Oct. 30, 1953. NSC-162/2 inaugurates the “New Look” strategy.
Jan. 12, 1954. Secretary of State John Foster Dulles makes “massive retaliation” speech.
April 7, 1954. Eisenhower formulates the “Domino Theory.”
May 1, 1955. Warsaw Pact created.
May 5, 1955. West Germany joins NATO.
June 19, 1955. B-52 bomber achieves initial operational capability.
July 21, 1955. Eisenhower proposes “Open Skies.” Soviets refuse.
Nov. 26, 1955. Pentagon gives Air Force operational control of ICBMs and all land-based missiles with range greater than 200 miles.
Jan. 17, 1956. DOD reveals the existence of SAGE, an electronic air defense system.
July 4, 1956. CIA U-2 reconnaissance aircraft makes first overflight of Soviet Union.
Oct. 23-Nov. 10, 1956. Hungarian Revolution suppressed by Soviet troops.
Nov. 18, 1956. Khrushchev tells West, “We will bury you.”
May 23, 1957. NATO adopts strategy 14/2, “Massive Retaliation.”
June 11, 1957. SAC receives first Air Force U-2.
June 28, 1957. SAC receives first KC-135 jet-powered tankers.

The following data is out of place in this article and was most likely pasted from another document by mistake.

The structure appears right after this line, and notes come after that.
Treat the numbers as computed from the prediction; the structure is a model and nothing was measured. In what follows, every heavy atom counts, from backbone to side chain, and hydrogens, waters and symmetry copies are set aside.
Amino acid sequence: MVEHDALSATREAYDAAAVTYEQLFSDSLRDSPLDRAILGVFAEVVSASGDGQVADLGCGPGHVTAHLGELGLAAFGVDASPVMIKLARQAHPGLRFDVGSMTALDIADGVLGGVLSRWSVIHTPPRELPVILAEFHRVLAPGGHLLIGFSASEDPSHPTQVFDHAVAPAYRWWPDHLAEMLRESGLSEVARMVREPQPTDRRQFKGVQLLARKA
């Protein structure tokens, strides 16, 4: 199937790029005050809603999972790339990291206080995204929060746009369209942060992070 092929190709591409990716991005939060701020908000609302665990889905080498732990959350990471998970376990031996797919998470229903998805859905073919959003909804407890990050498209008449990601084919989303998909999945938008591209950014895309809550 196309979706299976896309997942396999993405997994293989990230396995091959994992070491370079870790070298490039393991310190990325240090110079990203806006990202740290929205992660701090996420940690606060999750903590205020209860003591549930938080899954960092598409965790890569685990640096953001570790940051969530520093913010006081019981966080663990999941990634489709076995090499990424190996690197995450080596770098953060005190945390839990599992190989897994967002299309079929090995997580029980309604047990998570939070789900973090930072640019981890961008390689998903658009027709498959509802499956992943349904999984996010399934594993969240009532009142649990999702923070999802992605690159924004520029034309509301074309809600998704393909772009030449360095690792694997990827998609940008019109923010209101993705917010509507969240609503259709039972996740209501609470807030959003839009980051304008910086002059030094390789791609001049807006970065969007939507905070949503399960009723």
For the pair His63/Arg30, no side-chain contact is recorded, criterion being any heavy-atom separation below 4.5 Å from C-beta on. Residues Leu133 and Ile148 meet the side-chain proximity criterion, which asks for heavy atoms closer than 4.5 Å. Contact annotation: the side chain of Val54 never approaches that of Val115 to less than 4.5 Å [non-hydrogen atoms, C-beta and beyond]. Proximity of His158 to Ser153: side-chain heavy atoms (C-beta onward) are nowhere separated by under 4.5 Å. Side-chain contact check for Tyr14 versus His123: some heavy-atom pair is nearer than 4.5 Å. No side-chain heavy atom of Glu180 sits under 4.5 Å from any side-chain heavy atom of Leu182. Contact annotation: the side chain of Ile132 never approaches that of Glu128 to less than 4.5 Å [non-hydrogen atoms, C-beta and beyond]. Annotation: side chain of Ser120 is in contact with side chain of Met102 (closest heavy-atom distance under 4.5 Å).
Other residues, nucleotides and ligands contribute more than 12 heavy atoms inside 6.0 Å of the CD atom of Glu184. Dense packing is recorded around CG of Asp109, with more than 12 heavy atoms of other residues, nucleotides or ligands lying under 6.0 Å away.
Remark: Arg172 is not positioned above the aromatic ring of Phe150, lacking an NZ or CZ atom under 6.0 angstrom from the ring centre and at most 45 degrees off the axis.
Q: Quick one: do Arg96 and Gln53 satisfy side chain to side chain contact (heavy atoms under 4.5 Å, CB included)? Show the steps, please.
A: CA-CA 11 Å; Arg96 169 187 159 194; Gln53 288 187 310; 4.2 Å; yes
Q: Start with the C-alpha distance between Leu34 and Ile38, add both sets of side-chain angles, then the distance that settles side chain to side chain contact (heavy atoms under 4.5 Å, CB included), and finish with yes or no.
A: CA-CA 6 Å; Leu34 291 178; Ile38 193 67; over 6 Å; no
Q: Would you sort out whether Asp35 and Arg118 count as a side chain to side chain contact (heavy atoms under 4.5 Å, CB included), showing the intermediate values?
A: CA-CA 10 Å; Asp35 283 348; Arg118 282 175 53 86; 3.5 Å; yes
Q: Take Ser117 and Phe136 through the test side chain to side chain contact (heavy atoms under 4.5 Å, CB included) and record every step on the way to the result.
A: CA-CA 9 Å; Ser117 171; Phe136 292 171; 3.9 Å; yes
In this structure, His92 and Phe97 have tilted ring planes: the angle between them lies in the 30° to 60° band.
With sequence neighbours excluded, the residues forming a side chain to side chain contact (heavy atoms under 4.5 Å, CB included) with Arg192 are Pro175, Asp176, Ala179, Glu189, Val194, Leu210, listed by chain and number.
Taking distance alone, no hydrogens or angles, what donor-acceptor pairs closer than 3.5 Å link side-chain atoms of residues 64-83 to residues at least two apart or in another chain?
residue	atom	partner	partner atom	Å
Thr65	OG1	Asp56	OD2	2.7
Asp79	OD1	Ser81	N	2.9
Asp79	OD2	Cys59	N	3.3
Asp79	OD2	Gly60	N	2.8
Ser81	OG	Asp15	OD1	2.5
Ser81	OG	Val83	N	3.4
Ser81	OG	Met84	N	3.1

July 31, 1957. The DEW Line is reported to be fully operational.
Aug. 1, 1957. US and Canada form North American Air Defense Command.
Aug. 21, 1957. Soviet Union test-launches world’s first ICBM.
Oct. 4, 1957. Soviet Union puts Sputnik, the world’s first artificial satellite, into Earth orbit.
Dec. 6, 1957. The first US attempt to orbit a satellite fails when a Vanguard rocket loses thrust and explodes.
Dec. 17, 1957. First successful US launch and test flight of an ICBM, an Air Force Atlas.
Jan. 31, 1958. US finally places a satellite in orbit with Explorer I.
July 15, 1958. First major deployment (to Lebanon) of Composite Air Strike Force.
Sept. 9, 1959. Atlas missile declared operational by CINCSAC.
1960s: Superpower Standoff
Feb. 3, 1960. France tests its first atomic bomb.
May 1, 1960. CIA U-2 is shot down over the Soviet Union.
July 20, 1960. First flight of Polaris, the first US submarine launched ballistic missile.
Aug. 10, 1960. First successful flight of Air Force/CIA Corona, the first US photoreconnaissance satellite.